The Santa Clarita City Council is set to decide Sept. 27 whether to take the old Newhall Hardware building out from under a moratorium that prohibits its demolition.
Michael Guglielmino, whose family owns the vacant building formerly occupied by the hardware store, asked the City Council during its Aug. 23 meeting to remove the property from a list that identifies it as historic.
Three years ago, the City Council placed a moratorium on the demolition of four dozen properties it deemed historic or potentially historic. Guglielmino, who wants to sell the property, told the council the moratorium creates “uncertainty” about its future reuse. He said he is asking “a little over $1 million” but he can’t find a buyer at that price with the moratorium in place.
Without taking a vote at that meeting, some council members expressed the view that the former business is what made the property historic – not the building itself – and without the business operating inside it, there’s no reason to preserve the “shell.”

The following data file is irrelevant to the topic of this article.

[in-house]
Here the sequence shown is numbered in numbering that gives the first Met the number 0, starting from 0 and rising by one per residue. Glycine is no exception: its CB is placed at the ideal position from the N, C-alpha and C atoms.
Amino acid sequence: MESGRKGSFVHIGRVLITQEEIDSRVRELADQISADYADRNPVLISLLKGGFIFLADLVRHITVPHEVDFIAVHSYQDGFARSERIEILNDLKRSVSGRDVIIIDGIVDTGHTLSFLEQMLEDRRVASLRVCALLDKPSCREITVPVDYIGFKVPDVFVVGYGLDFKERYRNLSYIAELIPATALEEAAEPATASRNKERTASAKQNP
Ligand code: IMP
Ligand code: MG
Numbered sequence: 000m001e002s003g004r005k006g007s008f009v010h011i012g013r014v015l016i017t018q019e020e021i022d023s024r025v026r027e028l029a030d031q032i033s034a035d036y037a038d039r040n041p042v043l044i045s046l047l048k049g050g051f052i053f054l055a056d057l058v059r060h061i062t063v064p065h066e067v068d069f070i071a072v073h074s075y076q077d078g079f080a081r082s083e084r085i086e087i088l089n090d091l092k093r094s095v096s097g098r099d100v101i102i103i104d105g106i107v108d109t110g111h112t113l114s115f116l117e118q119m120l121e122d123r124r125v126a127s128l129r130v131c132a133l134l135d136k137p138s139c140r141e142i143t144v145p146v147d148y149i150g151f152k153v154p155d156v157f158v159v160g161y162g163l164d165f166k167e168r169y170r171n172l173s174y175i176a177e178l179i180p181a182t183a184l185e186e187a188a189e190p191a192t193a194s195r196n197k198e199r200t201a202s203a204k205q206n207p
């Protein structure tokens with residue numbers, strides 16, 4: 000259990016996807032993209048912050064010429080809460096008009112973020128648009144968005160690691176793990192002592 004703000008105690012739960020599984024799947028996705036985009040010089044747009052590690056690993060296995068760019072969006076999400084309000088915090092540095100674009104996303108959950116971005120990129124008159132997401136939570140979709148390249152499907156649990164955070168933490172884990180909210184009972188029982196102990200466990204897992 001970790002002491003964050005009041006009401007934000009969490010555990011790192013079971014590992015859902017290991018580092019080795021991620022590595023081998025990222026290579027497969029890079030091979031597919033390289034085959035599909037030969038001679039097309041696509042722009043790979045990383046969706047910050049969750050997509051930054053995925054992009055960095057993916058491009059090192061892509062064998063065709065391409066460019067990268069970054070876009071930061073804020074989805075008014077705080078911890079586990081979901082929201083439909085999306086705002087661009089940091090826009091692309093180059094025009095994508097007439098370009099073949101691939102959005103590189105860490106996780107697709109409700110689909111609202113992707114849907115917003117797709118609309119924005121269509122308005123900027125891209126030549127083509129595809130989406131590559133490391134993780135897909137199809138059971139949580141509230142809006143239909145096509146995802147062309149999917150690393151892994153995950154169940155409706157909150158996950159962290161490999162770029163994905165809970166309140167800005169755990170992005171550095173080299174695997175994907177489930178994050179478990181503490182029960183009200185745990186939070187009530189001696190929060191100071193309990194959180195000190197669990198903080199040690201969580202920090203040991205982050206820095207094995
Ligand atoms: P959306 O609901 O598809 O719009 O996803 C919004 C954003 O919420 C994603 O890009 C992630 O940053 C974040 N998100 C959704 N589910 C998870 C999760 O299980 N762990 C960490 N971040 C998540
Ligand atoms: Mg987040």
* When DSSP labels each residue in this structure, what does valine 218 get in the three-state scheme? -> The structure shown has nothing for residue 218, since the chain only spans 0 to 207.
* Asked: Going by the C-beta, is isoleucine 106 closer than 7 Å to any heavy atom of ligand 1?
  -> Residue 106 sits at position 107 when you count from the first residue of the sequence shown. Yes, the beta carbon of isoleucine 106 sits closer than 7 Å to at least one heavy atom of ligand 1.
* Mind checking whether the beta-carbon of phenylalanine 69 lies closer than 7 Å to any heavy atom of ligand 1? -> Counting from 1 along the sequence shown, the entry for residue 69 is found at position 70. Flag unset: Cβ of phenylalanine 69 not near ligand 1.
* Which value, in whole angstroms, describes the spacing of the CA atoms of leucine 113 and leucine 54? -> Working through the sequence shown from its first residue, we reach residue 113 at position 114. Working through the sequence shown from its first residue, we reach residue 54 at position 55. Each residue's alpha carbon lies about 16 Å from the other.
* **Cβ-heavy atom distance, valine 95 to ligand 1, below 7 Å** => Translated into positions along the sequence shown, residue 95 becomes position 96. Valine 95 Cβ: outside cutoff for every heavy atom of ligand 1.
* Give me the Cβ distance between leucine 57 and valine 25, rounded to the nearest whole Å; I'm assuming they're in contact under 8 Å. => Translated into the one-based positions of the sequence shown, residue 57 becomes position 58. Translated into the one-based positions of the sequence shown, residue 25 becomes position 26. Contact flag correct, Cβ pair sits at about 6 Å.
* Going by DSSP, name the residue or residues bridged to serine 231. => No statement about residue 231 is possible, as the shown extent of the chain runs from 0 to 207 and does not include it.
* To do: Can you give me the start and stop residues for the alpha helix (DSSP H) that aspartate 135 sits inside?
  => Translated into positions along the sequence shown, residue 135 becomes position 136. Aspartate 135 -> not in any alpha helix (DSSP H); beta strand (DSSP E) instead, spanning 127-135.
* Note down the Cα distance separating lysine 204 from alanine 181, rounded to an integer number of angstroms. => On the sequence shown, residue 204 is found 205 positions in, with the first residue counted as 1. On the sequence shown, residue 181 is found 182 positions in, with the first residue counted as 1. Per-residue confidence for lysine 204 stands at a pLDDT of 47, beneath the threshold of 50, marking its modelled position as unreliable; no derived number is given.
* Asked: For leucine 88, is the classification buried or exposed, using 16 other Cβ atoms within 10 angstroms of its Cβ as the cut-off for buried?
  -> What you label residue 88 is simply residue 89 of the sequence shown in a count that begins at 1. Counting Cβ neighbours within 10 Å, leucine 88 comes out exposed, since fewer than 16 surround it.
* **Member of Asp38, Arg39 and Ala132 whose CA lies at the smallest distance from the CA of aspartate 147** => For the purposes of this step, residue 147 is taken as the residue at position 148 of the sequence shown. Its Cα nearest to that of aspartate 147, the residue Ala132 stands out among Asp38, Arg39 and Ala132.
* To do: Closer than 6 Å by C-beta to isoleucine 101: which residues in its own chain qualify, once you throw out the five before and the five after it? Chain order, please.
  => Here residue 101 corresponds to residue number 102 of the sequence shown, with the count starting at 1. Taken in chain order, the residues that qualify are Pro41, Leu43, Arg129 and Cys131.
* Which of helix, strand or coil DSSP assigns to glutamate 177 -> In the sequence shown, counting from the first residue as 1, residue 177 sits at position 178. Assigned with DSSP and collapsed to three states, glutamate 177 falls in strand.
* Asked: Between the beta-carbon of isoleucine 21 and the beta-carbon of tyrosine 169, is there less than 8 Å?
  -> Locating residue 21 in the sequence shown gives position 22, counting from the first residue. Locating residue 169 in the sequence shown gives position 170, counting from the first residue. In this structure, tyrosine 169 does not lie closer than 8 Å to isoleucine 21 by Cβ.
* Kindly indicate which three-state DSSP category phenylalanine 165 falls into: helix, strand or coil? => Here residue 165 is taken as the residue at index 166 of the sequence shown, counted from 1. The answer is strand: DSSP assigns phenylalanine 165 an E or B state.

The council said it would consider removing Guglielmino’s property in September, and city officials said the issue will go before the council Sept. 27.
Meantime, next week, the city will hold a public meeting to gather community input on a proposed replacement of the current moratorium.
The Aug. 23 version of the proposed historic preservation ordinance would force about a dozen Newhall property owners to maintain the historic nature of their homes and businesses.
Three dozen other properties that fall under the moratorium today would be freed up for remodeling or demolition.
Most of the remaining property owners objected to being included, and the City Council instructed staff to make further modifications to the proposed ordinance.
The city staff will conduct a community meeting Thursday, Sept. 22, from 6 p.m. to 8 p.m. at the Santa Clarita Sports Complex/Activities Center to learn what changes the public wants, and to discuss the addition of an “opt-out” clause that would require property owner consent before their homes or buildings can be deemed historic.
A revised ordinance could conceivably go back to the Planning Commission for approval in October, and to the City Council in November.